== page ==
03-19-2015, 06:08 PM
5-Year WF Supporting Member
Join Date: Jun 2013
Location: Yazoo City, MS
All TJs have bolted-on fenders. Look at my Avatar photo where I have pulled them and the hood for replacement. The CJ/Wrangler vehicles have always been put together so that they can be take apart. This is one of the reasons so many love them; not only are they fun off-road vehicles, but they can be completely torn down and customized or repaired at home.
Good luck. I think your shopping for TJ fender take-offs from sellers who replaced them for things like Metalcloak or Poison Spyder fenders would be your best bet. The only differences between so-called "Sahara" fenders and all the others are the width and that they are painted. The Rubicon's are black plastic like all non-Sahara TJs, but are the widest.
Flares are not that hard to replace if you get the correct tools and such, especially if the fenders are off the vehicle.
If you buy a set of fenders the inside walls where stuff gets bolted on differ a bit, but mostly only in where holes are drilled. In other words, if you get a set, all your stuff should bolt on easily, and if some holes are missing you can simply drill one. (The AC evaporator on the SE model bolts to a completely different location and has a nutsert in the fender wall, but that would not affect you. This is just an example.)
So, you could purchase a right and left fender, then, if the flares are not to your liking you could transfer yours to the new fenders. You can have a shop paint the fenders to match the flares. Then you bolt them onto your Sahara. After that, you bolt on all your bits that need it. If you do this, take photos of everything first. The Air box is mounted with a weird, brass plate to prevent it from pulling through (I guess) and then a metal plate. All three have to go back on in the same order, so again, take pics.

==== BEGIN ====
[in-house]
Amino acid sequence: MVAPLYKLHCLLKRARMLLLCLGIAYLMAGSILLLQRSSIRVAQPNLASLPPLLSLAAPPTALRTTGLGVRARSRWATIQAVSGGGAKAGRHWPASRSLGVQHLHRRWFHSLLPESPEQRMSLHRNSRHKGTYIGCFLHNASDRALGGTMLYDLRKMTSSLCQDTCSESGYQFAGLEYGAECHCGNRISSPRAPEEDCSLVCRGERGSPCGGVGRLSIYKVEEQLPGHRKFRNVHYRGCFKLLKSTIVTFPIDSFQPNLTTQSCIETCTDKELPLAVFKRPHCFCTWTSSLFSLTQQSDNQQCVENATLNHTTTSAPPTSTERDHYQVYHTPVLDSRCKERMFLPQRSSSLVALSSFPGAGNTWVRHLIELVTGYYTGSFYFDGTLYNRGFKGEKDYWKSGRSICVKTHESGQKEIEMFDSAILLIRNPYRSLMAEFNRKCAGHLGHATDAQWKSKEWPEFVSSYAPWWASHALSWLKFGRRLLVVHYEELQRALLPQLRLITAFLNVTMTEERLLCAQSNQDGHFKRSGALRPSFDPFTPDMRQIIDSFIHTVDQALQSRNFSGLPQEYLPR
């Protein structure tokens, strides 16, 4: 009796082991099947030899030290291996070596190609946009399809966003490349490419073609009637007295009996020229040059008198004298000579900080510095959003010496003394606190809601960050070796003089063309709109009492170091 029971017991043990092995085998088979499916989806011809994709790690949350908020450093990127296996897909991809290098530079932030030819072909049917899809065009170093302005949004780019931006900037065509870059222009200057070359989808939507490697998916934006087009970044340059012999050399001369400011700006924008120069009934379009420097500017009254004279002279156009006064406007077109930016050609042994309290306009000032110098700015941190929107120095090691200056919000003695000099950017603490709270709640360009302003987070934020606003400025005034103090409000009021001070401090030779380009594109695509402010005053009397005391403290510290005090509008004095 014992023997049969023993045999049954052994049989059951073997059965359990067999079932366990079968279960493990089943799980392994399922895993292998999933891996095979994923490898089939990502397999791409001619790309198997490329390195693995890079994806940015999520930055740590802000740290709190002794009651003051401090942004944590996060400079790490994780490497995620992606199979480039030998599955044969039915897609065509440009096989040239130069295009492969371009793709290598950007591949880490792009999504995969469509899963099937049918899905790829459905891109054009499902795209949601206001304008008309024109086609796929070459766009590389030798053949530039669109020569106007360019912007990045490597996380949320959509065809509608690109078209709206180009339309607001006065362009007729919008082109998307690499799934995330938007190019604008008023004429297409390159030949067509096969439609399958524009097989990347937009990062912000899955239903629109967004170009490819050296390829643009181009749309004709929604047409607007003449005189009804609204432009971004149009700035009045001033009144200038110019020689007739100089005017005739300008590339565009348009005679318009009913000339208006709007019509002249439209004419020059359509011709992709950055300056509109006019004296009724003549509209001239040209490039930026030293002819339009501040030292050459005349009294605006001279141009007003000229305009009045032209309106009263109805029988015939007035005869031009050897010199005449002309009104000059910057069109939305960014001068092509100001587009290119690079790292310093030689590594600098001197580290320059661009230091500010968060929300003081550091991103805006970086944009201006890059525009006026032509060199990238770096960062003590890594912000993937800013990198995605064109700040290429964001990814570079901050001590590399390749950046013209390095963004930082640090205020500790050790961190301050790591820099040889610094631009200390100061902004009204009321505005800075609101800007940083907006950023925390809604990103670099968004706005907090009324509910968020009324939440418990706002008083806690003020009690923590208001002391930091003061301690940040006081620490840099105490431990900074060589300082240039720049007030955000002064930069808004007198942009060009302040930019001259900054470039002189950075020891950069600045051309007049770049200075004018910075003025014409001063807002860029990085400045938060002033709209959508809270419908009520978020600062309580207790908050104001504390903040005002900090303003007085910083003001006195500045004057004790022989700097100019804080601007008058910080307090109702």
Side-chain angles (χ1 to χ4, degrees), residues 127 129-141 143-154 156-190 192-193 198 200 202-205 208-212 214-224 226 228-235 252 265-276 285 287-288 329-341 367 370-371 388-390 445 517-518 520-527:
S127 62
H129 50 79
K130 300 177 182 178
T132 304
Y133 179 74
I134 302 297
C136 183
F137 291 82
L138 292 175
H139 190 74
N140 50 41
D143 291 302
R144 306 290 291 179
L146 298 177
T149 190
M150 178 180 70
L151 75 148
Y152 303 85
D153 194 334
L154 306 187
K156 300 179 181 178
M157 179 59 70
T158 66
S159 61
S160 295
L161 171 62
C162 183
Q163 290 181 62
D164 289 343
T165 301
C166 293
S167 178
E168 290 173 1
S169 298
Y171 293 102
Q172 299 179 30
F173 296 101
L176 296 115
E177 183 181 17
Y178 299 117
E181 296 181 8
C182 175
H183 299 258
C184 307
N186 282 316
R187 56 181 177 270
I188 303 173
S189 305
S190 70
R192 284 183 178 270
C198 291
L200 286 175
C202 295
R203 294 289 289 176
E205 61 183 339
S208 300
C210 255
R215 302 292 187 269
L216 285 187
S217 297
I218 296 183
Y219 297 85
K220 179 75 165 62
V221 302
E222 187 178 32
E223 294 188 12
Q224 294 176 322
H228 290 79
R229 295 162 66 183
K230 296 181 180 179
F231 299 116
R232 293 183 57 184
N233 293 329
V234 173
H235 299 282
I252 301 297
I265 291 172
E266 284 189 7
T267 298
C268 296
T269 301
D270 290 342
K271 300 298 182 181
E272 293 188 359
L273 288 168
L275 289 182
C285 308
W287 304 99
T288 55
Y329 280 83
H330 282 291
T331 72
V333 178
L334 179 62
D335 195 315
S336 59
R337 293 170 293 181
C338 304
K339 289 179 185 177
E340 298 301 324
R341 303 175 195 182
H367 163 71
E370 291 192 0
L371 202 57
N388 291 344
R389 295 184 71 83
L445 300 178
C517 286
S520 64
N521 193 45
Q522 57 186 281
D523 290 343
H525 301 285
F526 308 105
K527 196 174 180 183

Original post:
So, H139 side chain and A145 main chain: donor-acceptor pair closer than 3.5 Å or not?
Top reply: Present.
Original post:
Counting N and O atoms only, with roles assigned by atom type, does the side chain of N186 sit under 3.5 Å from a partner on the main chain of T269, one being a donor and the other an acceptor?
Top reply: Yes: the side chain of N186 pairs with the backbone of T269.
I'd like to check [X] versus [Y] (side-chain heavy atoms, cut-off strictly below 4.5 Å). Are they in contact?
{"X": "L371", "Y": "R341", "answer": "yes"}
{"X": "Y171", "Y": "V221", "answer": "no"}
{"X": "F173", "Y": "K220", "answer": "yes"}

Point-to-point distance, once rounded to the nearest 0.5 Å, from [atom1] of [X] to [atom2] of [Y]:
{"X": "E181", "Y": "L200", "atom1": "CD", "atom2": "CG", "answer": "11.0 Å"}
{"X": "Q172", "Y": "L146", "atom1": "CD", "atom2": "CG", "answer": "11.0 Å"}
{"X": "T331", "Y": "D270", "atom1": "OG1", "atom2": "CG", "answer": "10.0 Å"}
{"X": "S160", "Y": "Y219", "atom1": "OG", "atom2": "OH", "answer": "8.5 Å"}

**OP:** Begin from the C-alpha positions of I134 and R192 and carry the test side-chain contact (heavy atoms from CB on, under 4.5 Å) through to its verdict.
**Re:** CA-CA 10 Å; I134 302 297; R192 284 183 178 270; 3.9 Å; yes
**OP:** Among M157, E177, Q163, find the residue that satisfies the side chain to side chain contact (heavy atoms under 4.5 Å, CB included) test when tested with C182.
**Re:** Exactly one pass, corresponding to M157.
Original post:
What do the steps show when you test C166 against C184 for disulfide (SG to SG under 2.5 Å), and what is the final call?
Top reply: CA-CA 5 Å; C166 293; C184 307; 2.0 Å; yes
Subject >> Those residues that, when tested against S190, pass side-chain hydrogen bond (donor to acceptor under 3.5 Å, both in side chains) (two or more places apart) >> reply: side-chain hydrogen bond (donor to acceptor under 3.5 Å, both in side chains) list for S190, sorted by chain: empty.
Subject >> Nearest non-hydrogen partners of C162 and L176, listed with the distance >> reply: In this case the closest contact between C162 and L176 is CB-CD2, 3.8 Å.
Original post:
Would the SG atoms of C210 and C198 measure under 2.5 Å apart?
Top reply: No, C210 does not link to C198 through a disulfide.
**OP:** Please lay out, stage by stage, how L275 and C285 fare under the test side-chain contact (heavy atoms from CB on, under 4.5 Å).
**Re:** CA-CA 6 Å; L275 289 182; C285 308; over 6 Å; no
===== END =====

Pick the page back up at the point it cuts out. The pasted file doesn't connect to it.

Getting the fenders off and on is pretty easy, but the bottom couple of bolts against the tub are hard to get to. You have to be patient. Small hands and long arms can help.
I changed my flares and my fenders to replace trail-crunched ones. It took some time but the result made me really happy.
Fenders are not cheap, though, especially if you live up in the Rust Belt. Try craigslisting some in more southern or western areas that you are willing to drive to. Your chances of getting rust-free ones are greatly improved if they come from jeeps in these areas.
Best of luck!
EDIT: I forgot... You really want at least one helper when you remove and install fenders. They are sort of heavy, very awkward, and thin for their weight. You need assistance holding them exactly in alignment as you bolt them to the tub or they look funny. And when removing if you do it wrong you can bend them, too. Fishing them off of or over the shock towers also really needs four hands to make sure you do not scratch or bend them.
2003 Shale Green Metallic TJ Sport
2013 Black JK Sport S
A yellow bird with a yellow bill landed on my windowsill. You know the rest...